Although many studies show that coffee can be healthy in moderation, it’s not for everyone. In general, five or fewer cups per day is considered a moderate amount.
- Write it down
One way to handle stress is to write things down.
While recording what you’re stressed about is one approach, another is jotting down what you’re grateful for.
Gratitude may help relieve stress and anxiety by focusing your thoughts on what’s positive in your life.
- Chew gum
For a super easy and quick stress reliever, try chewing gum.
One study showed that people who chewed gum had a greater sense of wellbeing and lower stress.
One possible explanation is that chewing gum causes brain waves similar to those of relaxed people. Another is that chewing gum promotes blood flow to your brain.
- Spend time with friends and family
Social support from friends and family can help you get through stressful times.
Being part of a friend network gives you a sense of belonging and self-worth, which can help you in tough times. Although, we are limited to seeing our friends and family at the moment due to lockdown restrictions, why not facetime a friend or have a family zoom call.
It’s hard to feel anxious when you’re laughing. It’s good for your health, and there are a few ways it may help relieve stress:
Relieving your stress response.
Relieving tension by relaxing your muscles.
In the long term, laughter can also help improve your immune system and mood.
- Learn to say no
Not all stressors are within your control, but some are. Take control over the parts of your life that you can change and are causing you stress. One way to do this may be to say “no” more often.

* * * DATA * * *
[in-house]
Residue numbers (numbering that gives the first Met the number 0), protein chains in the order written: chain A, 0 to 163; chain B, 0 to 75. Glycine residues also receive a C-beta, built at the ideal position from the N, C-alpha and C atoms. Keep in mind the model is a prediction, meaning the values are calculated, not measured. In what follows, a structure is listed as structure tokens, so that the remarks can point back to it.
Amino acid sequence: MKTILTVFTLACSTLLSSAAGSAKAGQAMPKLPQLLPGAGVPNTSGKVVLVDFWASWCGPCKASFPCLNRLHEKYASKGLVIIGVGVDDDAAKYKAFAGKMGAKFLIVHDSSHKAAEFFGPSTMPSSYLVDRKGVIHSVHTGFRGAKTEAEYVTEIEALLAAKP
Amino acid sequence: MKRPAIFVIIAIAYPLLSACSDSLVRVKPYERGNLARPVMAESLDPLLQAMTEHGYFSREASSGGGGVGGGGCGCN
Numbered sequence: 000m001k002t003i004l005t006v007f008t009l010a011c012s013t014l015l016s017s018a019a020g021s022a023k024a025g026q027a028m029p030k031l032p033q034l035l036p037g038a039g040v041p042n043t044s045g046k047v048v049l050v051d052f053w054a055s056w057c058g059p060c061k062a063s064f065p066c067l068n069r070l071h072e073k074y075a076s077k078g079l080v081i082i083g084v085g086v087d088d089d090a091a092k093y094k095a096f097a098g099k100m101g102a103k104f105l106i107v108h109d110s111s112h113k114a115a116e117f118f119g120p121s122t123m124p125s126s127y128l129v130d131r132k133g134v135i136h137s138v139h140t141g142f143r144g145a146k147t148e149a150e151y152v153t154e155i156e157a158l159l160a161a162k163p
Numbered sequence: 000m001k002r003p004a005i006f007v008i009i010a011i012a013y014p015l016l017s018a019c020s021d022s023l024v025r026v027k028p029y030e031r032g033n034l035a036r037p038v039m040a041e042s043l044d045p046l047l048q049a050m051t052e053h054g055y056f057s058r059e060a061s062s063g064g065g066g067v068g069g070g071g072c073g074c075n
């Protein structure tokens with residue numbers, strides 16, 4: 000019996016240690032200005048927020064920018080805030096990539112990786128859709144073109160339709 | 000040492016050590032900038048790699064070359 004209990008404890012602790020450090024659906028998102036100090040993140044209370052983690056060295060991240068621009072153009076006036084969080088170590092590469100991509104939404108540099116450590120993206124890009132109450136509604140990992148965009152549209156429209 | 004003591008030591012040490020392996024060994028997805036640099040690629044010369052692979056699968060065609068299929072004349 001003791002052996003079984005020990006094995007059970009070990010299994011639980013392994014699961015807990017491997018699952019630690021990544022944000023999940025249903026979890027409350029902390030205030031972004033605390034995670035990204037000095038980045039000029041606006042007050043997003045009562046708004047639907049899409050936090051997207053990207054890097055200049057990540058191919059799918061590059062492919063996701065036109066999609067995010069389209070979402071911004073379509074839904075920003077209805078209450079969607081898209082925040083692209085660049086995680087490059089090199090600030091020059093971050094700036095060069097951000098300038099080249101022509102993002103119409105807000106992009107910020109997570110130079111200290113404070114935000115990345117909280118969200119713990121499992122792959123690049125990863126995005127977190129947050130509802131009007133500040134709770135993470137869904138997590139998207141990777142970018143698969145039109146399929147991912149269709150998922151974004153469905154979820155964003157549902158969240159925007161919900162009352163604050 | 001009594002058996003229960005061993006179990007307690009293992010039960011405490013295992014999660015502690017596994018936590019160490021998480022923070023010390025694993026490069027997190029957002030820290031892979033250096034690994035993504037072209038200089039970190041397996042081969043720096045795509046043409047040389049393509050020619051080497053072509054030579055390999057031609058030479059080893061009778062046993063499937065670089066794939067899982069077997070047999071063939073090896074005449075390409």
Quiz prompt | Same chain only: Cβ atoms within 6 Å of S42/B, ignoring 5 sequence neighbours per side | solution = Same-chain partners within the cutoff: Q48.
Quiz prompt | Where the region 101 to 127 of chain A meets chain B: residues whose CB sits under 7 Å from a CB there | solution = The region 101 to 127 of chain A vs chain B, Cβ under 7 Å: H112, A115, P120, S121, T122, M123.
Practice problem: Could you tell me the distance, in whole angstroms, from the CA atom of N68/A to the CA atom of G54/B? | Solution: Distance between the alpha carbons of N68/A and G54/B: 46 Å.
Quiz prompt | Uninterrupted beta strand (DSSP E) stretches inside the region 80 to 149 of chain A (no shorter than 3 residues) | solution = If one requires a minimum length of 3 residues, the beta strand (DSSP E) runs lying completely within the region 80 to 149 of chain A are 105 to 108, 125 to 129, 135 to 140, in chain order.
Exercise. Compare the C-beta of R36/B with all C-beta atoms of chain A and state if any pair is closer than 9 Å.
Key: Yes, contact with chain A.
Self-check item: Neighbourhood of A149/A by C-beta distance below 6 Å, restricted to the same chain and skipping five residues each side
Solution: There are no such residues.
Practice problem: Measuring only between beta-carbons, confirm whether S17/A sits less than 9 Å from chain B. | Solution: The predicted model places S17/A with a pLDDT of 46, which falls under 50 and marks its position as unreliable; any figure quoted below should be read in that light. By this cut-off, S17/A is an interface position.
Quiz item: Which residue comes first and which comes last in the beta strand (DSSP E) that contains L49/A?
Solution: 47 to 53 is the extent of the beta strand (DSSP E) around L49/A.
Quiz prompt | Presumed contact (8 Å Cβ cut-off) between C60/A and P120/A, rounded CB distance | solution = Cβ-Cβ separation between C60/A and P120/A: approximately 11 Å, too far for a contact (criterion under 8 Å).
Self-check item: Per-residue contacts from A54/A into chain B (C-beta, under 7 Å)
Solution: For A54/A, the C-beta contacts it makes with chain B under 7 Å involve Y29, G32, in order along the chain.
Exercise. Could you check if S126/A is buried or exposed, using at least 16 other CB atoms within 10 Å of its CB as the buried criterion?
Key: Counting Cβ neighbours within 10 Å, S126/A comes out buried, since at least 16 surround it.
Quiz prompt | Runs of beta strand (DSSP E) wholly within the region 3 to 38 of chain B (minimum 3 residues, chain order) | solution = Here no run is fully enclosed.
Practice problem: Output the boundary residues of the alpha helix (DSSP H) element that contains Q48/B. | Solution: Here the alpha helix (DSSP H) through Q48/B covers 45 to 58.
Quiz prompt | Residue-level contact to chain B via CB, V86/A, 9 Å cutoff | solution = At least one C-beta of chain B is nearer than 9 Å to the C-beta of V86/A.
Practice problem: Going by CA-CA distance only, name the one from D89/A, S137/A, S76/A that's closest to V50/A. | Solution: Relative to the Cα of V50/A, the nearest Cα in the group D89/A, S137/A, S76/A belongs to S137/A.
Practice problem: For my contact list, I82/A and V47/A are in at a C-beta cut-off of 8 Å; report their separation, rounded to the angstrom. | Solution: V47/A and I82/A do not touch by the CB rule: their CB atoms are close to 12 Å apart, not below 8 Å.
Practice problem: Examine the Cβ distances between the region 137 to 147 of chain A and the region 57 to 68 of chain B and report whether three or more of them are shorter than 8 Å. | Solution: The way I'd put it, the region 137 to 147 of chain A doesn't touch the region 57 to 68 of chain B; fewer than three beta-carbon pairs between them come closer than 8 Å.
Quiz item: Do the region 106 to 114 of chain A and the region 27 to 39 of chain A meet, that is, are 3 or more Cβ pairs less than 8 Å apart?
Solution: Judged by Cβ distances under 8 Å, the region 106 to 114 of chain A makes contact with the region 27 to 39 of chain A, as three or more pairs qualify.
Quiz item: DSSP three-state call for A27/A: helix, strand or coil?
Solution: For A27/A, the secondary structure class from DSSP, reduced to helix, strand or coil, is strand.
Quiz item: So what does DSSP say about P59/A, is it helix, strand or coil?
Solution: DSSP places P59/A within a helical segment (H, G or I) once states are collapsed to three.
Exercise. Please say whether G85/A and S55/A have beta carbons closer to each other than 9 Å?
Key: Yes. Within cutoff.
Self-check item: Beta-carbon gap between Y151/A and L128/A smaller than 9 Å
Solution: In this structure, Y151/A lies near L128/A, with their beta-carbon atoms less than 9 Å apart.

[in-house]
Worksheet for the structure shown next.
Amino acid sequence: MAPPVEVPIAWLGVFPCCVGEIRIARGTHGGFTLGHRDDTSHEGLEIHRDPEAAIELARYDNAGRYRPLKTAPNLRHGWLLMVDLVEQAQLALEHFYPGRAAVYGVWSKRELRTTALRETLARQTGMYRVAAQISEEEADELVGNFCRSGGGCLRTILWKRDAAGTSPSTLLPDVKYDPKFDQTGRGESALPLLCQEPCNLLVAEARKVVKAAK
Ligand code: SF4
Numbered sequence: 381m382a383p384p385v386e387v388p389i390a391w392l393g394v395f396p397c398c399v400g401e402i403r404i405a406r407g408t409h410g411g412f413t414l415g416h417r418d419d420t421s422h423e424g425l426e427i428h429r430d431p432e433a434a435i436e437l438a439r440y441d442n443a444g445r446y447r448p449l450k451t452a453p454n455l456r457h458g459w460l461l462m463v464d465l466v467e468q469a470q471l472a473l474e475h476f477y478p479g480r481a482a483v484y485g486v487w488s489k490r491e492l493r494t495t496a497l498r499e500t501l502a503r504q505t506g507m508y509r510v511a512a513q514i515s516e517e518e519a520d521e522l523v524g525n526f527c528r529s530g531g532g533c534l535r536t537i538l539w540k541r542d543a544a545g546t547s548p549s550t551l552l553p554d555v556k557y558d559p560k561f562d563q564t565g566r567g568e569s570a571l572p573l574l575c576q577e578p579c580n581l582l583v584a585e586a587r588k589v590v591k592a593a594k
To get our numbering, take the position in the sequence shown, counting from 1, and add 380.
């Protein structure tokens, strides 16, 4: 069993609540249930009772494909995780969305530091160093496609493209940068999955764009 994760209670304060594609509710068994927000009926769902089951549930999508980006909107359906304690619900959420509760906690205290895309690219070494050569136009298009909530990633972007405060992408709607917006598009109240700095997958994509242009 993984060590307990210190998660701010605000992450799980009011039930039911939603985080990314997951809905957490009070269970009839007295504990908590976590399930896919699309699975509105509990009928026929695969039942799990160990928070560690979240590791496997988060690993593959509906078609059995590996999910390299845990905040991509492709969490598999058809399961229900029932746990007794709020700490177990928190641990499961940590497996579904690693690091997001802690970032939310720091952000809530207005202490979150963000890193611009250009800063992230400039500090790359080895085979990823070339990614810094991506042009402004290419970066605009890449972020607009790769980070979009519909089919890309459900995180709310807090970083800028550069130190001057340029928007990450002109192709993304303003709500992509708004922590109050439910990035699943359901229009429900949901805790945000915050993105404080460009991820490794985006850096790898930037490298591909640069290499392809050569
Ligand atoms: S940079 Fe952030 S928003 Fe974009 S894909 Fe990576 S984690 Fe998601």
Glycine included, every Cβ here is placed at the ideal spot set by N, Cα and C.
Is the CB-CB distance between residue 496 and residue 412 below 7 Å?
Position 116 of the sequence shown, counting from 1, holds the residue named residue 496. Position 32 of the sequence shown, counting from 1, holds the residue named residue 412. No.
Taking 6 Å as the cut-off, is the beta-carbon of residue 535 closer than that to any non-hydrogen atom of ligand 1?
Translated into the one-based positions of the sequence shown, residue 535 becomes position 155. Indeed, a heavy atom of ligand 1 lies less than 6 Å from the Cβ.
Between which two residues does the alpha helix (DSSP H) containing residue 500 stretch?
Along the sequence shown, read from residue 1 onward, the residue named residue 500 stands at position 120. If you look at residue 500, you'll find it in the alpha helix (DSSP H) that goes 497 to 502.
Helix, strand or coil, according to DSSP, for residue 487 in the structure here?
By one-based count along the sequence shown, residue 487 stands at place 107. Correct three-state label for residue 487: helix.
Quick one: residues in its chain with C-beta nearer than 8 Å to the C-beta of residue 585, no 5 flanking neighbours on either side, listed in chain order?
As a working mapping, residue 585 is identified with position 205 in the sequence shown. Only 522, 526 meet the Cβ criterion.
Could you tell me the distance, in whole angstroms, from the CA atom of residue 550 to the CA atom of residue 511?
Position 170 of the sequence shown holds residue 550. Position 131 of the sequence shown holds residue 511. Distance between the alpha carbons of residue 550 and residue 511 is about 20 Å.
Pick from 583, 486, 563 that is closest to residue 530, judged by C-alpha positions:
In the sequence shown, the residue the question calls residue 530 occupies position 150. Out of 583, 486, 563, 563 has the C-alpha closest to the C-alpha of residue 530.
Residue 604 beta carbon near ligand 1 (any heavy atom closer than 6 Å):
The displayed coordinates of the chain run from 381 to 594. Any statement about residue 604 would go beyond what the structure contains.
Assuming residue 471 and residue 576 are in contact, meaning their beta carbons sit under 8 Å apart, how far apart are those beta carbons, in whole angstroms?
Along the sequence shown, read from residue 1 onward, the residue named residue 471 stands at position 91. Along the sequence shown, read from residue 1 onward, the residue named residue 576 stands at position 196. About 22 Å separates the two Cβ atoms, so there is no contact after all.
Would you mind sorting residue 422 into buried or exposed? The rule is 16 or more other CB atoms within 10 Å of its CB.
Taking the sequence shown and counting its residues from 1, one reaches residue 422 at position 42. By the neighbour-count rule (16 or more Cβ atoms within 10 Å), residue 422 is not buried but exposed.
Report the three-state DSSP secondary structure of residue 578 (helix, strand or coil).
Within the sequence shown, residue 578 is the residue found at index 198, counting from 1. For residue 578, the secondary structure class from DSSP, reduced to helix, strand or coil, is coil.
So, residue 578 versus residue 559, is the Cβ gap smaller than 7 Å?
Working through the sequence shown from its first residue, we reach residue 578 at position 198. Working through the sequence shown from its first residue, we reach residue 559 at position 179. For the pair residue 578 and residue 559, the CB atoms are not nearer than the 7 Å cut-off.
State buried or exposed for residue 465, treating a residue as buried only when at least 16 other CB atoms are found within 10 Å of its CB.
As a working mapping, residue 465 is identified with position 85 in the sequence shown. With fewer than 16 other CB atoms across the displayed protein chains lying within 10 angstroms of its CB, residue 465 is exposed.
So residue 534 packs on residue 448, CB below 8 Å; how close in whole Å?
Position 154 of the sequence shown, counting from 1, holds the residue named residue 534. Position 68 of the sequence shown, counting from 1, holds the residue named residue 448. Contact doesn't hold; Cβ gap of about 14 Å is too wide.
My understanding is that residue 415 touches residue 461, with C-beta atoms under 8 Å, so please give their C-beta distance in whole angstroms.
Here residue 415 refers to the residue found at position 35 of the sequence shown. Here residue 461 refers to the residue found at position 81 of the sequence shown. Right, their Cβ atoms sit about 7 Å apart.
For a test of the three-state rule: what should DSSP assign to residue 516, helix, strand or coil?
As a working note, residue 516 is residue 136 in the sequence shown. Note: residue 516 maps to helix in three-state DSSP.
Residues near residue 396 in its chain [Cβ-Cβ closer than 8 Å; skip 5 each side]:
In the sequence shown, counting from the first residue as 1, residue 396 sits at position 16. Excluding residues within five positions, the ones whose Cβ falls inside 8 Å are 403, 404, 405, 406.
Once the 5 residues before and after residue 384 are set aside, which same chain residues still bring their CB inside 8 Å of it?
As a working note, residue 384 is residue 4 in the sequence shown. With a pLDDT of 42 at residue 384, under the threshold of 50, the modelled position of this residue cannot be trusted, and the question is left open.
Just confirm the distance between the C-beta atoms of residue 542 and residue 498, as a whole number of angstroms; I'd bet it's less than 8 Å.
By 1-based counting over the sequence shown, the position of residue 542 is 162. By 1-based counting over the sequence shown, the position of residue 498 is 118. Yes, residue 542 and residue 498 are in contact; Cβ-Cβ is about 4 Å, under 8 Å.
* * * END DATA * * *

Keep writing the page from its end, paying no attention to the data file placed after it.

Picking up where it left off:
This is especially true if you find yourself taking on more than you can handle, as juggling many responsibilities can leave you feeling overwhelmed.
Being selective about what you take on — and saying no to things that will unnecessarily add to your load — can reduce your stress levels.
- Learn to avoid procrastination
Another way to take control of your stress is to stay on top of your priorities and stop procrastinating.
Procrastination can lead you to act reactively, leaving you scrambling to catch up. This can cause stress, which negatively affects your health and sleep quality.
Get in the habit of making a to-do list organized by priority. Give yourself realistic deadlines and work your way down the list.
Work on the things that need to get done today and give yourself chunks of uninterrupted time, as switching between tasks or multitasking can be stressful itself.
If you are experiencing any unusual or persistent symptoms, you should contact your GP immediately. At Pall Mall, we offer private GP appointments for all ages. Click here for more information or call us on 03300 58 44 55.